“I seem to have lived a lifetime this last four days – very little sleep, all nerves strung to the uttermost; but I shouldn’t have missed it for anything. It has been the sight of a lifetime. One sight I saw yesterday I shan’t forget. Our boys were advancing up the hill. One fell and the next man took him up in his arms and turned down again, staggering with the weight of his fallen comrade. We watched breathlessly, and tears came into my eyes when I saw him also struck down. They both rolled down the hill locked in each other’s arms.
“The Turks sent one of our men back – whom they had taken prisoner – with his tongue cut out. Some ghastly stories we are hearing. Hope they are not true. It is better not to mention them. I think but I am afraid they are only too true. The Turks have got good teachers in the Germans, in the way of diabolical deeps. The Australians will have their revenge all right, and we are all sure of the result. There is no hope of them pushing the British back into the sea now.
No Cross to Mark Their Resting-Place
“The Goeben has been very quiet these last couple of days but none of the ships have ventured to go in close. Some have left, apparently for Alexandria for reinforcements, which I hear are badly wanted. The weather has changed, blowing to-night and very cold; hope it won’t turn out bad.
“They are taking the bodies of those that died in the hospital ships out to sea in the trawlers. We were watching one to-day, the parson in his white gown giving the burial service, and then we saw seven bodies committed to the deep a very impressive sight. The trawler’s crew lined up alongside of the Union Jack’s stretched over the bodies on the deck, and the parson standing at the head.
“The casualties have been very heavy, a lot of bleeding hearts at the other side of the world, and to be buried where no stone or cross can over mark their resting-place, must make it all the more sad. It is an awful business, and I wish it was all over, but there will be many more bleeding hearts before it is settled. From where we are lying we can only see the aftermath of war – boats loaded with wounded, and the death ship going out to discharge her load. We cannot see our men fighting now, only at night the glow of shrapnel and the tiny sparks of rifle fire, with an occasional roar of big guns from the battleships. One is subject to all sorts of moods lying here; you see our men apparently gaining ground one day, then the next the procession of hospital boats – the price of gaining a trench.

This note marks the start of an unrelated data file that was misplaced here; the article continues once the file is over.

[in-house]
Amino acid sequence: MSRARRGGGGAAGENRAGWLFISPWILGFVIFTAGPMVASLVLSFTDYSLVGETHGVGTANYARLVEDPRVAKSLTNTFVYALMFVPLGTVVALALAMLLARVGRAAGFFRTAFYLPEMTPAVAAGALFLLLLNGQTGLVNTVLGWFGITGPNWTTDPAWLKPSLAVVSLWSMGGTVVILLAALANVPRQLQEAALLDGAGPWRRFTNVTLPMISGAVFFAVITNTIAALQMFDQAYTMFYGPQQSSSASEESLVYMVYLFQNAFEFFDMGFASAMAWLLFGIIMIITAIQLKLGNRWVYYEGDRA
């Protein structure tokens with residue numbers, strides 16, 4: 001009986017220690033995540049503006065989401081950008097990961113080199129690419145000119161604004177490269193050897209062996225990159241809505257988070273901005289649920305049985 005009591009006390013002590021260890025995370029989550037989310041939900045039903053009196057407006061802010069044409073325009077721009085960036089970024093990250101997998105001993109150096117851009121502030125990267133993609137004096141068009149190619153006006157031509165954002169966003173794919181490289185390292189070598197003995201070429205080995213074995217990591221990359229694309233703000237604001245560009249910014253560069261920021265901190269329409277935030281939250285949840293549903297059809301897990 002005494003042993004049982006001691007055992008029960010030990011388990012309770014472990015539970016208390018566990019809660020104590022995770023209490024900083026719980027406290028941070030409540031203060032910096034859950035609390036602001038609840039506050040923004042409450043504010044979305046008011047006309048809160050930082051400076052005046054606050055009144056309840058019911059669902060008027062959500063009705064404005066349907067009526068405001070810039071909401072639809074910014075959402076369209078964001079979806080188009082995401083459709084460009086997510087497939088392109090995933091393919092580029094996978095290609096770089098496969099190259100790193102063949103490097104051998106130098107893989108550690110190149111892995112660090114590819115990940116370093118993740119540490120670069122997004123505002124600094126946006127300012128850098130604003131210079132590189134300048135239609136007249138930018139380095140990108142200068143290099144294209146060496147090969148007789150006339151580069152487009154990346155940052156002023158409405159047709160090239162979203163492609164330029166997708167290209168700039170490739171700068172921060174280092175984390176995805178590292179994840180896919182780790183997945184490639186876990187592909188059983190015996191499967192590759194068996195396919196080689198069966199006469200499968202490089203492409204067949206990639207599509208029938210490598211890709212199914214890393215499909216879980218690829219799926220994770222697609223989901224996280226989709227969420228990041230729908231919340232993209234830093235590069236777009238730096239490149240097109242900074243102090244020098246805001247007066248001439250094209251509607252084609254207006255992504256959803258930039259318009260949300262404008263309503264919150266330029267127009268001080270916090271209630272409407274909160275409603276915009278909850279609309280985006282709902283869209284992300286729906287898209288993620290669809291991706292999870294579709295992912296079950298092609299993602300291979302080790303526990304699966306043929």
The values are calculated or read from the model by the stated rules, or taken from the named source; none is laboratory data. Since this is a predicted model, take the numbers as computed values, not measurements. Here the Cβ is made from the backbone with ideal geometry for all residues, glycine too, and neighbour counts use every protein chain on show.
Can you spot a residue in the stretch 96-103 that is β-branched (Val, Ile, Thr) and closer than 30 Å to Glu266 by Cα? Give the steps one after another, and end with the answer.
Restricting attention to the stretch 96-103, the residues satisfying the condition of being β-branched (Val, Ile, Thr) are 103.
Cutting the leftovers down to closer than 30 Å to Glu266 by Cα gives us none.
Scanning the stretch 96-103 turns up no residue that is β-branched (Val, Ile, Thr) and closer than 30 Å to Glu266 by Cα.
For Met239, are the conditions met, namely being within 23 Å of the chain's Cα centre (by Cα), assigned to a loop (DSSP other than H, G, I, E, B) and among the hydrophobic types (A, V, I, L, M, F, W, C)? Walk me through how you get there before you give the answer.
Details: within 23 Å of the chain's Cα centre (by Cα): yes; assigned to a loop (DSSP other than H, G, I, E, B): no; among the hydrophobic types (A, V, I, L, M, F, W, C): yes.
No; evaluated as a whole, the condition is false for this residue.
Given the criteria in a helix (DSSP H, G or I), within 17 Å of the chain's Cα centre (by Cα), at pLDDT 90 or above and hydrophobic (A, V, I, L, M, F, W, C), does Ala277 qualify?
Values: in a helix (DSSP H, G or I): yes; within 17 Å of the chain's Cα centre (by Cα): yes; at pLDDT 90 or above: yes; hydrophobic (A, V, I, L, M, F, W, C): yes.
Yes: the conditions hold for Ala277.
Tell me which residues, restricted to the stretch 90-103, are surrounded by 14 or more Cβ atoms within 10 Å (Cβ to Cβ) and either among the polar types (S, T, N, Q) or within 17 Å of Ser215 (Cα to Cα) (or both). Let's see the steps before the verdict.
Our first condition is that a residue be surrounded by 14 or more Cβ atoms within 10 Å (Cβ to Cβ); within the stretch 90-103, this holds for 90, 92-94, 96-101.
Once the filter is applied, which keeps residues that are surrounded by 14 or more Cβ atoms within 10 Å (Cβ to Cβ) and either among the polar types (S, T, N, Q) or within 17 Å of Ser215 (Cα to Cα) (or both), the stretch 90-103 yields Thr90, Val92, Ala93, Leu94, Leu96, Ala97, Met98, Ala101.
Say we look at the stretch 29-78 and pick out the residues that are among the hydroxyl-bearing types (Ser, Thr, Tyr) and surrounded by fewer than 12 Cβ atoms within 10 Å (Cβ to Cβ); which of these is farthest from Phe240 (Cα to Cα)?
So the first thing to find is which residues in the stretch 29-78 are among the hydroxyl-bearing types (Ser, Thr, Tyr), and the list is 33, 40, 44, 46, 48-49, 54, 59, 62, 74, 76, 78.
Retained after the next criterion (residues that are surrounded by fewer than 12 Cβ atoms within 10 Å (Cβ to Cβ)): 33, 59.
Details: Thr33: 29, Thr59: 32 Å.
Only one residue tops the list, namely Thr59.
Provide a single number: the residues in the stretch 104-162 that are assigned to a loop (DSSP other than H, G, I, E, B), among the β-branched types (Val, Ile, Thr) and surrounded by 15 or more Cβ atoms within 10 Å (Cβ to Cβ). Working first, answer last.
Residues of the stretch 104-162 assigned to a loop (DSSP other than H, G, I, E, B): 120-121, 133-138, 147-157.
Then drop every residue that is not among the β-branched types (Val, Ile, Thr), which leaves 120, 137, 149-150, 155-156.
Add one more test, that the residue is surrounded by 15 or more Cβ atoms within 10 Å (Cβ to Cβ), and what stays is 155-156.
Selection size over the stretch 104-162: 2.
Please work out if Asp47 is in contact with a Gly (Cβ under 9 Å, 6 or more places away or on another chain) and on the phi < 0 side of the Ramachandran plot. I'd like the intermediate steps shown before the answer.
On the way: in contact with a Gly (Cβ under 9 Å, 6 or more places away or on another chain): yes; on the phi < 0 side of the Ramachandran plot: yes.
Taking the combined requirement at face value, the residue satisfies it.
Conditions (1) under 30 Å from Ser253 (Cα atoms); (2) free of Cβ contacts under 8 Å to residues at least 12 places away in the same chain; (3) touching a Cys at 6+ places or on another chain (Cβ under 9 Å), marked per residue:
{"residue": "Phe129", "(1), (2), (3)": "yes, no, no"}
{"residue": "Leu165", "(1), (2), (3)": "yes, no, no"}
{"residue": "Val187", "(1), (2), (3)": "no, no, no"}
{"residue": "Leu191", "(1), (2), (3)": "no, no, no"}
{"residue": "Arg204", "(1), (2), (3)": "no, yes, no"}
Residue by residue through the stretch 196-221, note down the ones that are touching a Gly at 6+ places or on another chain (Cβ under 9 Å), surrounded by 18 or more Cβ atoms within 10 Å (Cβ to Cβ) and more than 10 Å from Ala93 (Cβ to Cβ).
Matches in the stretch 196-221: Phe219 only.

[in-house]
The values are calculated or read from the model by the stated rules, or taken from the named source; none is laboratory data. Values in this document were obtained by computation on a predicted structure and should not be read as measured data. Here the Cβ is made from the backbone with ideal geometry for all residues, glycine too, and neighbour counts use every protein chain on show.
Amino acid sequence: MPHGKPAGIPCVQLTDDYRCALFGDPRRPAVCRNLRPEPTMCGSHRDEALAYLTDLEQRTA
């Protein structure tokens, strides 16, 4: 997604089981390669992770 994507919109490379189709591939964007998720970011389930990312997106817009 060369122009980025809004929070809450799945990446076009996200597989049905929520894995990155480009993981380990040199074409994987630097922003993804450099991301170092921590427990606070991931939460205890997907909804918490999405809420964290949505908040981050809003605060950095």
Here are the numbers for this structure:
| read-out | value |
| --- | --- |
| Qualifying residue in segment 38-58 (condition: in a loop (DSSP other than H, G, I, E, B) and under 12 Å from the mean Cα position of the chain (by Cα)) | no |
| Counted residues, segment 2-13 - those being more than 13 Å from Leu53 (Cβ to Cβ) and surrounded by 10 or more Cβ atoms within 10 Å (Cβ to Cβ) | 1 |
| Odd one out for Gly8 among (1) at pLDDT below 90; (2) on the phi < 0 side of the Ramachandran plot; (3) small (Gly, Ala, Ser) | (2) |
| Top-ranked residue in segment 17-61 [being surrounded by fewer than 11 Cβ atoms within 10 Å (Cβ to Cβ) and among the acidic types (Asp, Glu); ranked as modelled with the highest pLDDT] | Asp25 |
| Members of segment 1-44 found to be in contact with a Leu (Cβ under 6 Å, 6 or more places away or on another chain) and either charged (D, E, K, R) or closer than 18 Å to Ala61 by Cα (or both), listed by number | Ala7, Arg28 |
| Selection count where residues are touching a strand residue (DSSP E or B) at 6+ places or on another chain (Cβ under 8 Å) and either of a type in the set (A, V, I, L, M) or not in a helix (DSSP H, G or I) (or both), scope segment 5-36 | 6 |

An Aerial Raid
“We have had our first aerial raid over us this evening. An enemy’s flying machine soared over the ships and dropped their bombs, one just astern of us. Fortunately no ship got hit. It is a pretty difficult thing I should imagine, to hit a ship. The flying machine was at a great height, and could only be seen when the rays of the sun caught her. Getting quite exciting again, we have had no Goeben shells lately, apparently they have found that she can’t do us much damage, so have resorted to aircraft and bombs. Had they a good number of them and dropped bombs they might do some damage.
“No news from the beach to-day, only a heavy cannonade has been going on. We can hear them away to the south of us at the entrance to the Dardanelles. No mistaking when the Queen Elizabeth talks she makes the old ship quiver.
The Goeben has sent us a memorandum to-day, the first for a couple of days, so she hasn’t been knocked out yet. It is a wonder to me how she doesn’t manage to hit some of us. Her shells, luckily always pick out a bare patch of water.
“To-day a strange flying machine was hovering far above our seaplane. One of the destroyers was ringing up the Queen Elizabeth telling her that a hostile craft was flying towards her, but it turned out to be one of the French machines came up from the south to see how we were getting on.”
|The Rushden Echo, 10th November, 1916, transcribed by Gill Hollis
Rushden Wireless Operator - Travelled Over 150,000 Miles
Raids by Turkish Airmen - Mr. Percy Button Visits Rushden Men Abroad
Wireless Operator Percy Button, son of Mr. and Mrs. Geo. W. Button, of 2, York-road, Rushden, has been home on leave after 2½ years’ duty on board one of His Majesty’s transports. Since the commencement of the war he has travelled over 150,000 miles, and in that period has six times visited Australia. He has also been twice to India, three times to Africa, eight times to Egypt, and twice to the Dardanelles. He was present at the landing of the British troops at Gaba Tepe on April 25, 1915, and in that connection he sent us an interesting account of his experiences, which was published in “The Rushden Echo” at midsummer, 1915.
Mr. Button met on board his ship some of the R.W.F.’s who had been billeted at Rushden. They had been wounded at the Suvla landing, and his ship was taking them back to Egypt to rejoin their units. He spoke to several of them and they were all loud in their praises of Rushden, and said that the first place they would visit on their return to England would be Rushden.